We would also speak of our current, conditioned attitudes to these opulences. We might feel indifferent to fame and so consider ourselves free from that kind of envy. Well, no one is indifferent to fame, ie recognition by fellow human beings, but we might be relatively indifferent to strength or beauty, depending on our gender. None of it addresses our original envy and all of it reflects our false egos.

How can I talk about *my* envy of Kṛṣṇa if it’s based on my false ego? What is truly mine in this case? Articulating our inner heart desires is nay impossible. Even figuring out what is it exactly that we want with Kṛṣṇa is impossible, let along putting it into words.

There’s another problem here, too – we don’t speak from the heart. All the thinking, talking, and typing is done by material bodies and minds which work under the influence of the material nature, ideally engaged in Kṛṣṇa’s service but we can never be 100 percent sure about that. Even if they are, they still work under the influence of higher powers, not our inner selves. Kṛṣṇa always censors what we do here, I can’t make a single keystroke without His ultimate permission.

This arrangement is for our benefit, of course, so that we don’t do anything stupid and screw up our spiritual lives through inevitable offenses, but it still means it’s nearly impossible to express our hearts’ desires. Moreover, envy is such a corrupting quality that we should never speak of it in public, it’s contagious, it’s a can of worms that should never be opened.

Holy Name will slowly work its way through layers of dirt and grime in our hearts and, in due course of time, defeat envy, too, but there is a problem with that scenario – our envy is OURS, it’s what we want and Kṛṣṇa would never force us to love Him against our will. The Holy Name would probably only strengthen our determination to confront and challenge Him, because Kṛṣṇa always reciprocates. If that’s how we want to relate to Him, that’s what we get.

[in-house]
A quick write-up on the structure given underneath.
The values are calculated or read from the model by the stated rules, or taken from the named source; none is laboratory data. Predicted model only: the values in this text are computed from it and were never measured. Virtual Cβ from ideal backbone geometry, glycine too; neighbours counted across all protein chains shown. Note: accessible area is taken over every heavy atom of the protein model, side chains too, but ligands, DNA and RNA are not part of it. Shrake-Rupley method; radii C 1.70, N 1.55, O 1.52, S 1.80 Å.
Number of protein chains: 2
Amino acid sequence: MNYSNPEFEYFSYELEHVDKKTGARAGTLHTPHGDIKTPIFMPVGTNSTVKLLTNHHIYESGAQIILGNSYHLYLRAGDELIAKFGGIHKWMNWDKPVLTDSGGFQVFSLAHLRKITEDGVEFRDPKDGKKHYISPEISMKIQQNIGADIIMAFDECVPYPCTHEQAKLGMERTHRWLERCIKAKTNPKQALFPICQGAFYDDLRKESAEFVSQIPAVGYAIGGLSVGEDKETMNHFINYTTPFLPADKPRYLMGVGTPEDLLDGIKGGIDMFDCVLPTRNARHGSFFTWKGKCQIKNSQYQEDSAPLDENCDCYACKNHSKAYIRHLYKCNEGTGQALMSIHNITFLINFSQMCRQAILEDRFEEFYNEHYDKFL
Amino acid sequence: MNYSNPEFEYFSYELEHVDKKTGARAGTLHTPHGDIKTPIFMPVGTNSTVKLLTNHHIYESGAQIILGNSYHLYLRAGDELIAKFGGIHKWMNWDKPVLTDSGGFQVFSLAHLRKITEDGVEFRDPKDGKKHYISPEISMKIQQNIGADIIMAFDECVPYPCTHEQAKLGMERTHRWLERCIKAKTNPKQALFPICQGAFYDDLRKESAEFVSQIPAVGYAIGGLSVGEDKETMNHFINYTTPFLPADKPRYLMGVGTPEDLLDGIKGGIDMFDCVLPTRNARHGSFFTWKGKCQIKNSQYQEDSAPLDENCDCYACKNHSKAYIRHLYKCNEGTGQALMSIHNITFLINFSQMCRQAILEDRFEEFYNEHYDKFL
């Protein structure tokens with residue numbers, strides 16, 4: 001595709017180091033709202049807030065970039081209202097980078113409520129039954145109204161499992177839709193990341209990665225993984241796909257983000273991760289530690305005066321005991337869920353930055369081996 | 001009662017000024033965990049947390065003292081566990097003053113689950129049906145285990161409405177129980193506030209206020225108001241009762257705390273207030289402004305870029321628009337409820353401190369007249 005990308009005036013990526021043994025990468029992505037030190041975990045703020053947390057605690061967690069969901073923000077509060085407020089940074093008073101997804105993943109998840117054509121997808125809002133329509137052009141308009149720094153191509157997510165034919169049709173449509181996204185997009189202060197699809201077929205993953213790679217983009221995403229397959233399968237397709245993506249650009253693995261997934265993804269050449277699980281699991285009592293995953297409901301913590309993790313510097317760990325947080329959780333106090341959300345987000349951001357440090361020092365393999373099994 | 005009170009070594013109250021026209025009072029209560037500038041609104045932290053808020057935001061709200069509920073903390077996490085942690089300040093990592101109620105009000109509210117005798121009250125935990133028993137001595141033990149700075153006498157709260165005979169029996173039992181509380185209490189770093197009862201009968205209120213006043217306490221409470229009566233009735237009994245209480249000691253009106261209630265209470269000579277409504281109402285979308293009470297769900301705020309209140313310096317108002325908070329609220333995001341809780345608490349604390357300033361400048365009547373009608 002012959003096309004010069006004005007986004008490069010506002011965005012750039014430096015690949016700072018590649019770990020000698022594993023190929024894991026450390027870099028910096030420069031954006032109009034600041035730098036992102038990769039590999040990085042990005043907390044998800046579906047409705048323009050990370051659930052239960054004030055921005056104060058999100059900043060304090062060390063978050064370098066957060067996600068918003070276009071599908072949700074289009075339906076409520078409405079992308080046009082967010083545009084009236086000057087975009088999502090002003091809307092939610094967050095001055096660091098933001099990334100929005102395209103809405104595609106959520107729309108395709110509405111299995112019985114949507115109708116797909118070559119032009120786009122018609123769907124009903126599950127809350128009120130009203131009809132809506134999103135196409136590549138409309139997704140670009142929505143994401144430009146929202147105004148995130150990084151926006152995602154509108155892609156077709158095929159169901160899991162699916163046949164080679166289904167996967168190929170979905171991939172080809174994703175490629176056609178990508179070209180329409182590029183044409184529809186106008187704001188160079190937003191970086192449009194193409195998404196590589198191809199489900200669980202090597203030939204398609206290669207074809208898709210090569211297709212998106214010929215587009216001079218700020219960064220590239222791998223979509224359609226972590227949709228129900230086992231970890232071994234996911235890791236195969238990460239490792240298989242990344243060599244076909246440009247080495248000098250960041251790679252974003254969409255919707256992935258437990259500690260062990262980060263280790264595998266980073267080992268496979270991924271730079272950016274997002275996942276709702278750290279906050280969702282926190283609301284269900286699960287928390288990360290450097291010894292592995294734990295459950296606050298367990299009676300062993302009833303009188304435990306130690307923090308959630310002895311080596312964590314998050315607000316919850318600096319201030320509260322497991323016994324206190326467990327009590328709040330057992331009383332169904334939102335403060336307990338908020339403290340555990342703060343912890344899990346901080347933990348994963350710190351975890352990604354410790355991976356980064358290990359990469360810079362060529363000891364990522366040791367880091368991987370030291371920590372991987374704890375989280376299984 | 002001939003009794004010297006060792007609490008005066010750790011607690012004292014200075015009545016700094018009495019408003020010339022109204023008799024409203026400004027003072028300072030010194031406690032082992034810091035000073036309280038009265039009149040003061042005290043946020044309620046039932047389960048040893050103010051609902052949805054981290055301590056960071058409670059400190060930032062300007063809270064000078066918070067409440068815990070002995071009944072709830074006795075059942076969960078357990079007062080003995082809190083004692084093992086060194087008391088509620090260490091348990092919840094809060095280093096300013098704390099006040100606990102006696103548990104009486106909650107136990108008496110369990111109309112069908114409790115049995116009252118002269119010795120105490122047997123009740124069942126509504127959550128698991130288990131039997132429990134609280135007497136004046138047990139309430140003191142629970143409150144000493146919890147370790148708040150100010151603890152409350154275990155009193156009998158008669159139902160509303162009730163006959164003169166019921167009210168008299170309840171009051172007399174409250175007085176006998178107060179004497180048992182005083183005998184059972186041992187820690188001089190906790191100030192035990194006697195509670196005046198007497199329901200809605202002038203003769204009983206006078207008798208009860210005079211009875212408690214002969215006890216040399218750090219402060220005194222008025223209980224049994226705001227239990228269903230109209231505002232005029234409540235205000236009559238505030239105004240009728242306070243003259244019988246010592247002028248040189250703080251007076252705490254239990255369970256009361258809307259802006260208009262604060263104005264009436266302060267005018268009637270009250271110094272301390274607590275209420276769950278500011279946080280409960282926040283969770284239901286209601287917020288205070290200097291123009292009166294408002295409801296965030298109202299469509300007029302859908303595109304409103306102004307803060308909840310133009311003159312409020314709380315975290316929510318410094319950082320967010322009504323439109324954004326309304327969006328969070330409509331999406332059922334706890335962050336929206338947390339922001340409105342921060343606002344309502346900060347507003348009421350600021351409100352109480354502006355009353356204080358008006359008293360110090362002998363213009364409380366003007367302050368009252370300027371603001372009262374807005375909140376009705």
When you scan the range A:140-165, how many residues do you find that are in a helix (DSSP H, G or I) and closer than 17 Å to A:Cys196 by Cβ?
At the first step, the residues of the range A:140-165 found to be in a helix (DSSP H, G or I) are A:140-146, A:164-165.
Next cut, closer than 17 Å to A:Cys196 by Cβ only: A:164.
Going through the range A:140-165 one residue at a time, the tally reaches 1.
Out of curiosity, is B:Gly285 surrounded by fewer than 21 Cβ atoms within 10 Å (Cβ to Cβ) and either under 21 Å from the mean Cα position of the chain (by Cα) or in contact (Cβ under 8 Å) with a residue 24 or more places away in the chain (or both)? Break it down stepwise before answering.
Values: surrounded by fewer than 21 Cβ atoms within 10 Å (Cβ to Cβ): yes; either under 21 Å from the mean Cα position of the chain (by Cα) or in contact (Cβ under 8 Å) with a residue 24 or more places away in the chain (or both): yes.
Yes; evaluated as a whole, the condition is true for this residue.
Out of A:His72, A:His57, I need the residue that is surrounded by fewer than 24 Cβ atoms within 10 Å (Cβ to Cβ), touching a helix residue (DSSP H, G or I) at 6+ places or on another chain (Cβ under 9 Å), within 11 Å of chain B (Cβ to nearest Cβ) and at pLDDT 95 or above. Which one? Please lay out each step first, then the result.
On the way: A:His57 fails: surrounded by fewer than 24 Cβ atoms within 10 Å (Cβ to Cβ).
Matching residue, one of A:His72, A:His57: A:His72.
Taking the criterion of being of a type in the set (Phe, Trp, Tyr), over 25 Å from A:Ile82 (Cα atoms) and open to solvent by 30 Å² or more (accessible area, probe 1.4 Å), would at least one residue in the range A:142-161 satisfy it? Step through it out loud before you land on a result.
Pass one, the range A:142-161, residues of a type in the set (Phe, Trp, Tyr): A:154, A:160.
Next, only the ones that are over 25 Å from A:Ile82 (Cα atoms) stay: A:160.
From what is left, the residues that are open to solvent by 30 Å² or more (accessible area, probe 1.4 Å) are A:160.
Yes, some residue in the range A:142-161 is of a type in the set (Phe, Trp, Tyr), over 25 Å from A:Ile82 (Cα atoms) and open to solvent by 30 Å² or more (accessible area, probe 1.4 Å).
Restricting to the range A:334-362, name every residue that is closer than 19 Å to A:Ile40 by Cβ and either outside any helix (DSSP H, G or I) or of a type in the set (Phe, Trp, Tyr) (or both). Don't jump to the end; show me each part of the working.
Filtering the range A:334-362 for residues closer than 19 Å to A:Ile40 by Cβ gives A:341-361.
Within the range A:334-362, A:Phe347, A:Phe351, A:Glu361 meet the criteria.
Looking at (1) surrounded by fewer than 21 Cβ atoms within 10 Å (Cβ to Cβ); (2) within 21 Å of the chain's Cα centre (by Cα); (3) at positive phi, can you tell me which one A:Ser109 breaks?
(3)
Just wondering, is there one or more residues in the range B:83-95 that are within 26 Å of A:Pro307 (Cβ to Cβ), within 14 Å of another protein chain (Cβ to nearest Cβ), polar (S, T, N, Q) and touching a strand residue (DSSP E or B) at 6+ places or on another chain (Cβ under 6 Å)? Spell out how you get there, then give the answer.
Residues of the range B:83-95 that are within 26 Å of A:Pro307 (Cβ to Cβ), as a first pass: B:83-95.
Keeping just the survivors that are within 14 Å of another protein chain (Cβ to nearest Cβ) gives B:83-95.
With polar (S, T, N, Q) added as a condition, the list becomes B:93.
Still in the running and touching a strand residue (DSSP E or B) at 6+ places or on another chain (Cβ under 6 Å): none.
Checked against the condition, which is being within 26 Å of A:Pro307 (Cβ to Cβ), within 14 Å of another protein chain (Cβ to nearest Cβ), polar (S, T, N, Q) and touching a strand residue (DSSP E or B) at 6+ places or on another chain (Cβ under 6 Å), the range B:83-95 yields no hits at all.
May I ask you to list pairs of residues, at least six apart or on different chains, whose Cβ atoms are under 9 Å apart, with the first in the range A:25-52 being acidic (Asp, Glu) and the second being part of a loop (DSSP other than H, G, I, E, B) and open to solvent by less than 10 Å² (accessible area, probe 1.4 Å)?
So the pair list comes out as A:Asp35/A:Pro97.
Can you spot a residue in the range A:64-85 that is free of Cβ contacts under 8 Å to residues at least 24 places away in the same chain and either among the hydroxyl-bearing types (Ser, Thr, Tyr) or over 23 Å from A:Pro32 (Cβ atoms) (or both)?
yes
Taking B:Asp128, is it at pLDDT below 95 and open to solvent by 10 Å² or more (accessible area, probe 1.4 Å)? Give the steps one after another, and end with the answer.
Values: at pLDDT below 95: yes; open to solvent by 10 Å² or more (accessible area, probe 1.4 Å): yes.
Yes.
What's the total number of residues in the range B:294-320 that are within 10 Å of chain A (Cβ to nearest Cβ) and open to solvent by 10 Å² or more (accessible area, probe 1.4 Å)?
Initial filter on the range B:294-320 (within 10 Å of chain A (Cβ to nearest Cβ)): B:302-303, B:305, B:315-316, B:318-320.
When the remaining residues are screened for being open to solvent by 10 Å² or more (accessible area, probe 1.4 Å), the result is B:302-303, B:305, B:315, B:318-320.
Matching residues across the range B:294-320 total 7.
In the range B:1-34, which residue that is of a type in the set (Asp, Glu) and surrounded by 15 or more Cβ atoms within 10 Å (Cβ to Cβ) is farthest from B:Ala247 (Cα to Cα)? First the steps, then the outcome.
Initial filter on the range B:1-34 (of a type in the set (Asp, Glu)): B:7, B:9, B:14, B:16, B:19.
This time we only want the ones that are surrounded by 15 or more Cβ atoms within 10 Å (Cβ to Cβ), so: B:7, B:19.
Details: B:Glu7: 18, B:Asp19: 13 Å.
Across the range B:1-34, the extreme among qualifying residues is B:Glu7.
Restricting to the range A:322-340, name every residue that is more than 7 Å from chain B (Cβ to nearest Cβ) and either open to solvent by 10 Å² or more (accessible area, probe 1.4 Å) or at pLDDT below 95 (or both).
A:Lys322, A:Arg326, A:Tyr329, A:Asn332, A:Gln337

Deep meditation on Kṛṣṇa through envy is entirely possible, that’s what Śiśupāla did, as I mentioned yesterday. It should be possible for us, too, we can be totally absorbed in Kṛṣṇa, 24/7 without a break, but it would be relationship of envy, which we can’t even express in material words due to limitations I described above.

Occasionally I get glimpses of that envy, it just flashes in front of me, takes over all of my being for a second or two before my mind gathers itself and my intelligence tells me I can’t indulge myself that way. As I said, I can’t articulate these feelings, can’t classify, qualify, or quantify them. Sometimes they are triggered by clear external factors, though, and in these moments I can sort of understand what really bothers me.

For example, I can’t accept Kṛṣṇa being the only bhoktā, the only enjoyer. I can’t see myself as eternal bhoga, to be enjoyed. I want to be an enjoyer just like Him, within reason, of course. I draw a line between what is His and what could be mine. If I don’t get what I think should be mine my fuse goes off. I can’t accept that everything, including my body and my inner being is meant strictly for Kṛṣṇa’s enjoyment. Nothing is meant for us. Well, the material world is, of course, but that’s not where we want to find ourselves again and again, is it?

From reading about lives of people in the spiritual world it’s easy to imagine them as being legitimate enjoyers, especially on Vaikuṇṭhas. They even get the same form as the Lord there, and all the facilities, including wives and husbands. They just don’t die and don’t suffer – sounds perfect for me.

Or is it false ego talking? Aren’t we all meant for Goloka Vṛndāvana? Isn’t it our spiritual home? Some forcefully insist that for real devotees Vaikuṇṭha is like a living hell, in our sampradāya there shouldn’t be any thoughts of getting Vaikuṇṭha liberation, be it sālokya or sārūpya.